Rita Roberts was found dead in Belgium, just months after she moved to the country
A woman found murdered in Belgium 31 years ago has finally been identified, thanks to a distinctive tattoo.
Rita Roberts, 31, was found dead in a river in Antwerp on June 3, 1992, Interpol says in a release. For years, her identity remained a mystery, and she became known as the "woman with the flower tattoo,” until Interpol launched Operation Identify Me in May of this year.
Roberts was a British national who moved from Cardiff, Wales, to Antwerp in February 1992, and her family last heard from her in May, the month before she was found dead.
Following the launch of Operation Identify Me, which aims to solve cold cases across Europe, Interpol says it received over 1,000 tips, one of them from a relative of Roberts in the United Kingdom, who saw the picture of her tattoo — a black flower and green leaves with “R’Nick” written underneath.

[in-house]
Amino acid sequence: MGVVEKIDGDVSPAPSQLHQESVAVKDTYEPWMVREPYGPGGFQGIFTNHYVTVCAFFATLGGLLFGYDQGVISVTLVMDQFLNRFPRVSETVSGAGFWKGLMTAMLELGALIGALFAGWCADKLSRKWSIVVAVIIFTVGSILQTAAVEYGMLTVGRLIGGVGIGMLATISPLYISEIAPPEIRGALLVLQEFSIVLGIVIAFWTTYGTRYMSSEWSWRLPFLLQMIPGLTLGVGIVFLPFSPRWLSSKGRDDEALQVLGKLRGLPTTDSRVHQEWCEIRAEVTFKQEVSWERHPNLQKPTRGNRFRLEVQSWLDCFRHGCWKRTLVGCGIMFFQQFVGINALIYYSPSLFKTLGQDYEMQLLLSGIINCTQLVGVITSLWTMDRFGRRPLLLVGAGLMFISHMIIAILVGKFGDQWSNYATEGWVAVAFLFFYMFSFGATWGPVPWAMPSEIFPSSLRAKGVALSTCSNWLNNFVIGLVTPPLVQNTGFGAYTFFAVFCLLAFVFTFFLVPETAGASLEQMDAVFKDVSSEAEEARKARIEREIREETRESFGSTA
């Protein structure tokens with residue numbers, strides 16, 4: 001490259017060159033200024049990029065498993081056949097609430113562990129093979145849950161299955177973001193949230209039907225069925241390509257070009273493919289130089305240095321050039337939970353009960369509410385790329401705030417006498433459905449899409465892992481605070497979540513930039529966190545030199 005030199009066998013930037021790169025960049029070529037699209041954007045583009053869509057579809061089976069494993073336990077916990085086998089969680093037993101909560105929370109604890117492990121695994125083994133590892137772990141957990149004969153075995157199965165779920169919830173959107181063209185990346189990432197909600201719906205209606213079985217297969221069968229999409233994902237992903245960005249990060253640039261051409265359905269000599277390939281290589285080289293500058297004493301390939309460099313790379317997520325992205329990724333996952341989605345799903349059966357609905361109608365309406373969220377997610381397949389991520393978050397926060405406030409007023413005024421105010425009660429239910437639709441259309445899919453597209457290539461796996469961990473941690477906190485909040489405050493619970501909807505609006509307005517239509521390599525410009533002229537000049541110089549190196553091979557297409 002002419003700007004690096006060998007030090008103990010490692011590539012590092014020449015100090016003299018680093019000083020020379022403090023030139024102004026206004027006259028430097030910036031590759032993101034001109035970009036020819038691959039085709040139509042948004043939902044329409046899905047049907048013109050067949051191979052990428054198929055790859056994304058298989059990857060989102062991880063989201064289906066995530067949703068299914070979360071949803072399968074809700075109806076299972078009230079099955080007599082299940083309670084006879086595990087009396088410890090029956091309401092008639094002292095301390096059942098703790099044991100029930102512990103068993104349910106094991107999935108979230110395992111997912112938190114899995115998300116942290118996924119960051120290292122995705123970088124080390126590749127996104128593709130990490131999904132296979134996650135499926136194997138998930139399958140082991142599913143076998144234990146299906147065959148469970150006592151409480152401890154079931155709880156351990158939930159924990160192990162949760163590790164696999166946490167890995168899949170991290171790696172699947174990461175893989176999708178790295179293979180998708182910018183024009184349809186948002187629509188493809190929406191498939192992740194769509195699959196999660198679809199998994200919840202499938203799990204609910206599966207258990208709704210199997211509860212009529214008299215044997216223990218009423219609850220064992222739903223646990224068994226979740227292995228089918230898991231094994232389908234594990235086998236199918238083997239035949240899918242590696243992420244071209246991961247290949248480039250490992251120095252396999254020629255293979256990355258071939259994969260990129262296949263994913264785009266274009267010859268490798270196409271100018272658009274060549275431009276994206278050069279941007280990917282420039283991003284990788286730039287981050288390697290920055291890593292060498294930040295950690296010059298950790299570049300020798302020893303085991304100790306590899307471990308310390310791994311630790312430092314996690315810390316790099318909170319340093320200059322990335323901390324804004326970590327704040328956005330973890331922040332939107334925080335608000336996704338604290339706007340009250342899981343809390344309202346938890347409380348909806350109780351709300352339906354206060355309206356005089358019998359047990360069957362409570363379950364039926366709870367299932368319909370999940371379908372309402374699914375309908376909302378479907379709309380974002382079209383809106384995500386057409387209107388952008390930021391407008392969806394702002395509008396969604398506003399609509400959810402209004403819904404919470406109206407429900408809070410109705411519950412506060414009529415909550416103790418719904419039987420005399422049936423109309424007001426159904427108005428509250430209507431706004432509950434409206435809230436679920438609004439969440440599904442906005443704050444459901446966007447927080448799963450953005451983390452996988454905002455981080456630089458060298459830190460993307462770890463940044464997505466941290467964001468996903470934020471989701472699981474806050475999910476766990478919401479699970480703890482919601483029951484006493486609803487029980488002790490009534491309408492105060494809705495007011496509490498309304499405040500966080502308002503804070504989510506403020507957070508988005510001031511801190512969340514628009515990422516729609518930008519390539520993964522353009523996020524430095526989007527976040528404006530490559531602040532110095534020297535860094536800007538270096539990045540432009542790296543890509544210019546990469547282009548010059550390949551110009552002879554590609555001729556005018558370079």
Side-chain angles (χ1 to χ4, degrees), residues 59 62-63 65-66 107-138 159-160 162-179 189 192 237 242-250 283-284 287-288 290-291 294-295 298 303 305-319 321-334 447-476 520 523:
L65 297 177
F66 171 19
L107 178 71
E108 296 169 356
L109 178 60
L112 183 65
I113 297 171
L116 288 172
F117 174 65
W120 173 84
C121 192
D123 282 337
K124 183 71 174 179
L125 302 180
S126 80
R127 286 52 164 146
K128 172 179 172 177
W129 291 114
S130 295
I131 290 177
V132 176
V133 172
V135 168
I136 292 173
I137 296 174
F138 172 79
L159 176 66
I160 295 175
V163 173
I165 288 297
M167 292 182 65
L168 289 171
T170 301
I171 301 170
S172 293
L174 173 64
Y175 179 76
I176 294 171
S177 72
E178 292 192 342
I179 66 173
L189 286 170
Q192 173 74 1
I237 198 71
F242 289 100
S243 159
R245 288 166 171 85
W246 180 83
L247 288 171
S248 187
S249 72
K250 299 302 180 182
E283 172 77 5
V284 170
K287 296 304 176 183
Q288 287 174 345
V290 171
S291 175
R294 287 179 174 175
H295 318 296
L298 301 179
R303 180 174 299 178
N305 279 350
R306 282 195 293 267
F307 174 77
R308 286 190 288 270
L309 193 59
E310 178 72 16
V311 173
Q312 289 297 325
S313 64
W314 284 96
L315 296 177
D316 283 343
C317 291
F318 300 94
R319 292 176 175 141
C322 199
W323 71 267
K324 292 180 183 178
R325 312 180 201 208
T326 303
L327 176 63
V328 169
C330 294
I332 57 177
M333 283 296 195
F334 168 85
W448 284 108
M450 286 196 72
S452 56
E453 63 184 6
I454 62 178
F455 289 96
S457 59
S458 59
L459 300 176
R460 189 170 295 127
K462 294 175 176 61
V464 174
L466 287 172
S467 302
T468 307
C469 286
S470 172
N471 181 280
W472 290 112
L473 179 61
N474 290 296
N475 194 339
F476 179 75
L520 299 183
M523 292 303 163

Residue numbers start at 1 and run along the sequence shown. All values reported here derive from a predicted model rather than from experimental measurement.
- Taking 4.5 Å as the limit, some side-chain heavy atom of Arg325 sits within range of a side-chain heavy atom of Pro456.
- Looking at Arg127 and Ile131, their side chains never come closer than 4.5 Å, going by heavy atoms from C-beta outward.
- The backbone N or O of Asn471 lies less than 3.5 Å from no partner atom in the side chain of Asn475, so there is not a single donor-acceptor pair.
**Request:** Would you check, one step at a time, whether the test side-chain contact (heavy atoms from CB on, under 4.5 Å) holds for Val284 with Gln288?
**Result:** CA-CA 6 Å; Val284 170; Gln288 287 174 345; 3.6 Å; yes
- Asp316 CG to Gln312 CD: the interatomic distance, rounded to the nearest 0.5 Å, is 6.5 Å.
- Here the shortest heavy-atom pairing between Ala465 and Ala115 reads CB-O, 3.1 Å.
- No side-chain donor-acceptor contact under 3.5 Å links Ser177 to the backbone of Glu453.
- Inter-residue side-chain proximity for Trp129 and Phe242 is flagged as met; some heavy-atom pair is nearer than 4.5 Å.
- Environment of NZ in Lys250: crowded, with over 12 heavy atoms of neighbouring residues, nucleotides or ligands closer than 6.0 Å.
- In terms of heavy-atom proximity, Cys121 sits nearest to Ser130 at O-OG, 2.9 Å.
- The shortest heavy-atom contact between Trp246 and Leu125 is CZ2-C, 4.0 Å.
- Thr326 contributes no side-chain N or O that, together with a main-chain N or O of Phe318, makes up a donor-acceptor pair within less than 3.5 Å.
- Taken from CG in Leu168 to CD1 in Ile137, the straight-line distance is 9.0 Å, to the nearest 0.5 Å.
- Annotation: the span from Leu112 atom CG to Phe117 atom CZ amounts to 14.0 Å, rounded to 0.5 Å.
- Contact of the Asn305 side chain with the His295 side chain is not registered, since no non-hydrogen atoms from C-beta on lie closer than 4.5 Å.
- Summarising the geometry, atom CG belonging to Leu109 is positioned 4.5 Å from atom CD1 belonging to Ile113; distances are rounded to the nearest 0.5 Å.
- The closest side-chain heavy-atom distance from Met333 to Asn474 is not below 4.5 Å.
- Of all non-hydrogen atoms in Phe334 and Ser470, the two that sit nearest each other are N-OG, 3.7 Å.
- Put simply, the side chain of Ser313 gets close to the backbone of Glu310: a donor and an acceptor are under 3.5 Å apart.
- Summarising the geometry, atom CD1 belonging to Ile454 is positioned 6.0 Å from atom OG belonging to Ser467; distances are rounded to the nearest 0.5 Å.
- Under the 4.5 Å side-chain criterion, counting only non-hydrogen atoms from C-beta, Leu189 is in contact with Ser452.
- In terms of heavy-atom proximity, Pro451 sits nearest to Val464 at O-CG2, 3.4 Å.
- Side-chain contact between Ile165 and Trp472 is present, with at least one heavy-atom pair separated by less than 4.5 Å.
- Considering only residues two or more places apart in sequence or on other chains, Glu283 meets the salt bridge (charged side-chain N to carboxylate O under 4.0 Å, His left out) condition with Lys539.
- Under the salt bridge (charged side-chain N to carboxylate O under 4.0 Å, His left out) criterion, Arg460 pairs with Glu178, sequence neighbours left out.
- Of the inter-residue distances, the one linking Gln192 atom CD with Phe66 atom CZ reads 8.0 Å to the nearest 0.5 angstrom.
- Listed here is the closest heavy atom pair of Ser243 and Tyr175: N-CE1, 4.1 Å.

Roberts’ family then traveled to Belgium to formally identify her.
“The news was shocking and heartbreaking,” Roberts’ family says in a statement published by Interpol. “Our passionate, loving and free-spirited sister was cruelly taken away. There are no words to truly express the grief we felt at that time, and still feel today.”
The family also thanked Interpol and Belgian authorities for their work in identifying Roberts.
“Rita was a beautiful person who adored traveling,” the statement continues. “She loved her family, especially her nephews and nieces, and always wanted to have a family of her own. She had the ability to light up a room, and wherever she went, she was the life and soul of the party. We hope that wherever she is now, she is at peace.”
Now that Roberts has been identified, Interpol is seeking information about who killed her. Tips can be submitted on the agency’s website.
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